Klemmt says he decided to keep the KOS facility in the same location because they own the building, and the facility is in a prime location in relation to physician offices and the hospital, as well as on the bus line for many of its patients.
Life at KOS is slowly returning to normal. Insurance money has started to trickle in, and the office officially reopened in early December.
One cannot live through such an experience, however, and not be changed. "Work days are endless," Klemmt says. "It's much harder to focus with so many different concerns all seeming to be happening at once. It is a balancing act to be owner, practitioner, husband, and father."
Despite the magnitude of the disaster, however, Klemmt remains optimistic that "things will return to normal in the near future."
On May 22, 2011, an EF-5 tornado roared through Joplin, Missouri, destroying AOP, owned by Frank Ikerd, CPO. Even though AOP had a disaster plan in place when the tornado hit, recovery and restoration were difficult given the magnitude of the devastation. (Editor's note: For more information, read "Joplin O&P Practice to Rebuild after Deadly Tornado.")
"Every facility should have a crisis plan and a disaster response/recovery plan," says Ikerd, a 15-year Joplin resident. "No one ever thinks a disaster is going to affect them. I would suggest that everyone have plans in place for different scenarios and different levels of disaster. Some of those resources you have in mind may not be there when you need them."
Immediately after the tornado struck, Ikerd says he attempted to contact all of his employees to check on their safety. Once he was assured that all of his employees were safe, he transferred the office phones to his cell phone number so he could receive and respond to incoming patient calls. He also let the local hospital know that they were still available to assist with patients who needed O&P care. Supplies were shipped to Ikerd's home, which was spared during the storm, until the company was able to secure temporary office space.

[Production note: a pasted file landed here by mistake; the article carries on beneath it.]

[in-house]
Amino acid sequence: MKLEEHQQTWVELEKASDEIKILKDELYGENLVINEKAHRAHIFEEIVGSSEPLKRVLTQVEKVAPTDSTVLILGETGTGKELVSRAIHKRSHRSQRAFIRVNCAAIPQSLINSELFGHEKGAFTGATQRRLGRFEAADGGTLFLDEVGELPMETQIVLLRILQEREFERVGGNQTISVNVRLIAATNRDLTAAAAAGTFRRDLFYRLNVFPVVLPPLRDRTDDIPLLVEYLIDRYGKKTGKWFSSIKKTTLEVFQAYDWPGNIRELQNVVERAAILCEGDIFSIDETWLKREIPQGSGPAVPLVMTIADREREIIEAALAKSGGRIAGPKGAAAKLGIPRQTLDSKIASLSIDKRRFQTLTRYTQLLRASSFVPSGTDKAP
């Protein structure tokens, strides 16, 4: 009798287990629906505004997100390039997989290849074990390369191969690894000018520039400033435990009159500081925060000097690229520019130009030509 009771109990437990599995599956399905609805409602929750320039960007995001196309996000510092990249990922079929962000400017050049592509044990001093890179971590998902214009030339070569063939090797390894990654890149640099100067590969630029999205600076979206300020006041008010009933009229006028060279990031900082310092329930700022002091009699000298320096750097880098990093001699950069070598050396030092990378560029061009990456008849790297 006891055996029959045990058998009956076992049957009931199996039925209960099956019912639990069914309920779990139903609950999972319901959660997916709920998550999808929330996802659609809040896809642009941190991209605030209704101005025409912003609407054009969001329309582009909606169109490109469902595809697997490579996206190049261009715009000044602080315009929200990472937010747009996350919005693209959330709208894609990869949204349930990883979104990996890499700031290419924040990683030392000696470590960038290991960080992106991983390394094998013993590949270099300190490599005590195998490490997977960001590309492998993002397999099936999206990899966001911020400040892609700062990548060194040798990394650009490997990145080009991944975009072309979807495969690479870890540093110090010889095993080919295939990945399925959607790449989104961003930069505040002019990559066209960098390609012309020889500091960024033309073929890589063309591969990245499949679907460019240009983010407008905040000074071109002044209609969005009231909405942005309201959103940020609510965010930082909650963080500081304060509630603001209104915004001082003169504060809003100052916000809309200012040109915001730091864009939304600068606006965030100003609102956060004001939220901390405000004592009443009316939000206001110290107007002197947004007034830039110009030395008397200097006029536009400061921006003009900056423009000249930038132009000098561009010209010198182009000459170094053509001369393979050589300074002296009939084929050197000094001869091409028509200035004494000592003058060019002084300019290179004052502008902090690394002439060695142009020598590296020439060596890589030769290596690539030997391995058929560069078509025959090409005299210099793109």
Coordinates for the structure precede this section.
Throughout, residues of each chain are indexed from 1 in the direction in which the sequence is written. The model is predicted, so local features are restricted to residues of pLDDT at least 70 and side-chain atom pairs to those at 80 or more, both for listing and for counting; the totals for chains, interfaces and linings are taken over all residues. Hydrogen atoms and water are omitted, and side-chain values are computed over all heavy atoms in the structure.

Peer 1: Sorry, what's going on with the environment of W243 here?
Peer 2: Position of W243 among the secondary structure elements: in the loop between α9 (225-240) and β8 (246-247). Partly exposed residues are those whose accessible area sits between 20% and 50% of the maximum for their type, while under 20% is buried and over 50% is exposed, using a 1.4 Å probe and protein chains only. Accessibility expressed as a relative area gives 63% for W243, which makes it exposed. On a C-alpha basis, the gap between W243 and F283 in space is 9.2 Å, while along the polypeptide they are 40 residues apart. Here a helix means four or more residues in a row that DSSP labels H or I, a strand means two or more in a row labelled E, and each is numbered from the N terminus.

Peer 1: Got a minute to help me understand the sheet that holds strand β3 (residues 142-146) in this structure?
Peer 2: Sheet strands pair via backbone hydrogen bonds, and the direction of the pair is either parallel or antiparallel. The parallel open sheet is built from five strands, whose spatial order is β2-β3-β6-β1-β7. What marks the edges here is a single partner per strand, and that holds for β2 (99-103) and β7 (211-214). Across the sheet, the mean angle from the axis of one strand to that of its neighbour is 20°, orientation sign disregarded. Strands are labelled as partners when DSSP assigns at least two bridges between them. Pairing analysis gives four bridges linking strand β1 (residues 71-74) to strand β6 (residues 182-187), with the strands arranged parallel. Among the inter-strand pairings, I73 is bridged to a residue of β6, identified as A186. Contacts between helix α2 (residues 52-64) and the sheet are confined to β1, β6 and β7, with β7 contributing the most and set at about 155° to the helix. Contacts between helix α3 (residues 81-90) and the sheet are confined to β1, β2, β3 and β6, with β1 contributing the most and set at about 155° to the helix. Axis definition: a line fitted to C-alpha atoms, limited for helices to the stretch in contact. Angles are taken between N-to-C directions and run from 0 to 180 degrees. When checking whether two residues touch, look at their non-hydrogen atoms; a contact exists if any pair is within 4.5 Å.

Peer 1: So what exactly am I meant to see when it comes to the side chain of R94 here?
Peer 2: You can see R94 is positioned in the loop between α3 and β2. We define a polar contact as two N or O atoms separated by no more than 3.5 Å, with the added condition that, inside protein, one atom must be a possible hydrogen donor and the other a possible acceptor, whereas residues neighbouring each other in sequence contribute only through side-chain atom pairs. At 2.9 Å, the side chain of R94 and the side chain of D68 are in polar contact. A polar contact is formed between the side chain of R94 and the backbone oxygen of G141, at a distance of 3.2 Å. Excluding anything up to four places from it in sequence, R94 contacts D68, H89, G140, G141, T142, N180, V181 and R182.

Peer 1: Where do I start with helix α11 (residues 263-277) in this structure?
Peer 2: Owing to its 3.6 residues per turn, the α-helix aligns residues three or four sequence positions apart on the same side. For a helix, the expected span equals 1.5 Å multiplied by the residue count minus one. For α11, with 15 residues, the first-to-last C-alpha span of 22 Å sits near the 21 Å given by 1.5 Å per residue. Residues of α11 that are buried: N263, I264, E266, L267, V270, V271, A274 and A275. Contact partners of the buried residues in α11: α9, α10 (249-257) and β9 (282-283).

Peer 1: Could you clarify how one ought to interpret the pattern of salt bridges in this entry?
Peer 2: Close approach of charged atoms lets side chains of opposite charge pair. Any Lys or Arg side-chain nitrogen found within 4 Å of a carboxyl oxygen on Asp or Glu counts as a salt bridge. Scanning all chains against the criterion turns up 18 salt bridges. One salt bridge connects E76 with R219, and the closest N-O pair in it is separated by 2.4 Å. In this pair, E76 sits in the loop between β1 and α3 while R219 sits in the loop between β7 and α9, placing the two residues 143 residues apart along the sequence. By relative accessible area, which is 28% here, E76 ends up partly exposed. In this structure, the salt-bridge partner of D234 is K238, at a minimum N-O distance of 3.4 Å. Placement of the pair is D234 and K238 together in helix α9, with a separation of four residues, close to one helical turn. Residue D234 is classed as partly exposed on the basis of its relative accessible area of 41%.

"Given the scope of the disaster, we were able to execute our crisis plan as well as could be expected," he says. "We were able to provide hospital care to patients just a few days after the tornado."
When planning your facility's crisis plan, Ikerd says to be prepared for the worst-case scenario, and not to plan on other resources in the community being available for your response efforts. "They may be in the same situation you are," Ikerd says, adding that he plans to eliminate paper patient files from the new office, switch to electronic medical records (EMR), and store everything off site on a back-up server.
"We were able to save our computer files," he says. "But we lost so many [paper] files with notes and measurement sheets. Those aren't replaceable."
Ikerd further advises O&P business owners to keep an accurate inventory of everything in the facility. "It's easy to lose track of the tools and components you have accumulated over time," he says.
He recommends that companies be aware of the level of coverage in their insurance policies. "Make sure you have enough coverage to replace everything in your facility," he says.
Like Klemmt, Ikerd is rebuilding his facility in the same location as the old one. Plans for the new building are being reviewed by the Joplin City Council. "I hope that rebuilding in our same location within the disaster zone will be a sign of resiliency and inspire others to do the same in reshaping our community," Ikerd says.
Though chances are slim his O&P facility would be hit a second time, he is rebuilding with insulated concrete forms (ICF) to withstand such a possibility, he says.
Going through the disaster has put into perspective what is important in life, Ikerd says. "Everyone in our community has a new appreciation for our community and each other," he says. "It has brought everyone together to help one another. Everyone was affected by the tornado in some way."
Josh Millet, CPO, currently works at Parr Prosthetics Lab, Slidell, Louisiana, an O&P practice located on the north shore of Lake Pontchartrain, about 25 miles east of the Crescent City. When Hurricane Katrina hit the Gulf Coast during Labor Day weekend in 2005, however, he worked at the Hanger Prosthetics & Orthotics patient care facility in Jefferson, Louisiana. At the time, his patient-coverage area included New Orleans, Jefferson, the West Bank, Metairie, and Kenner—well-populated areas encompassing roughly 60 square miles.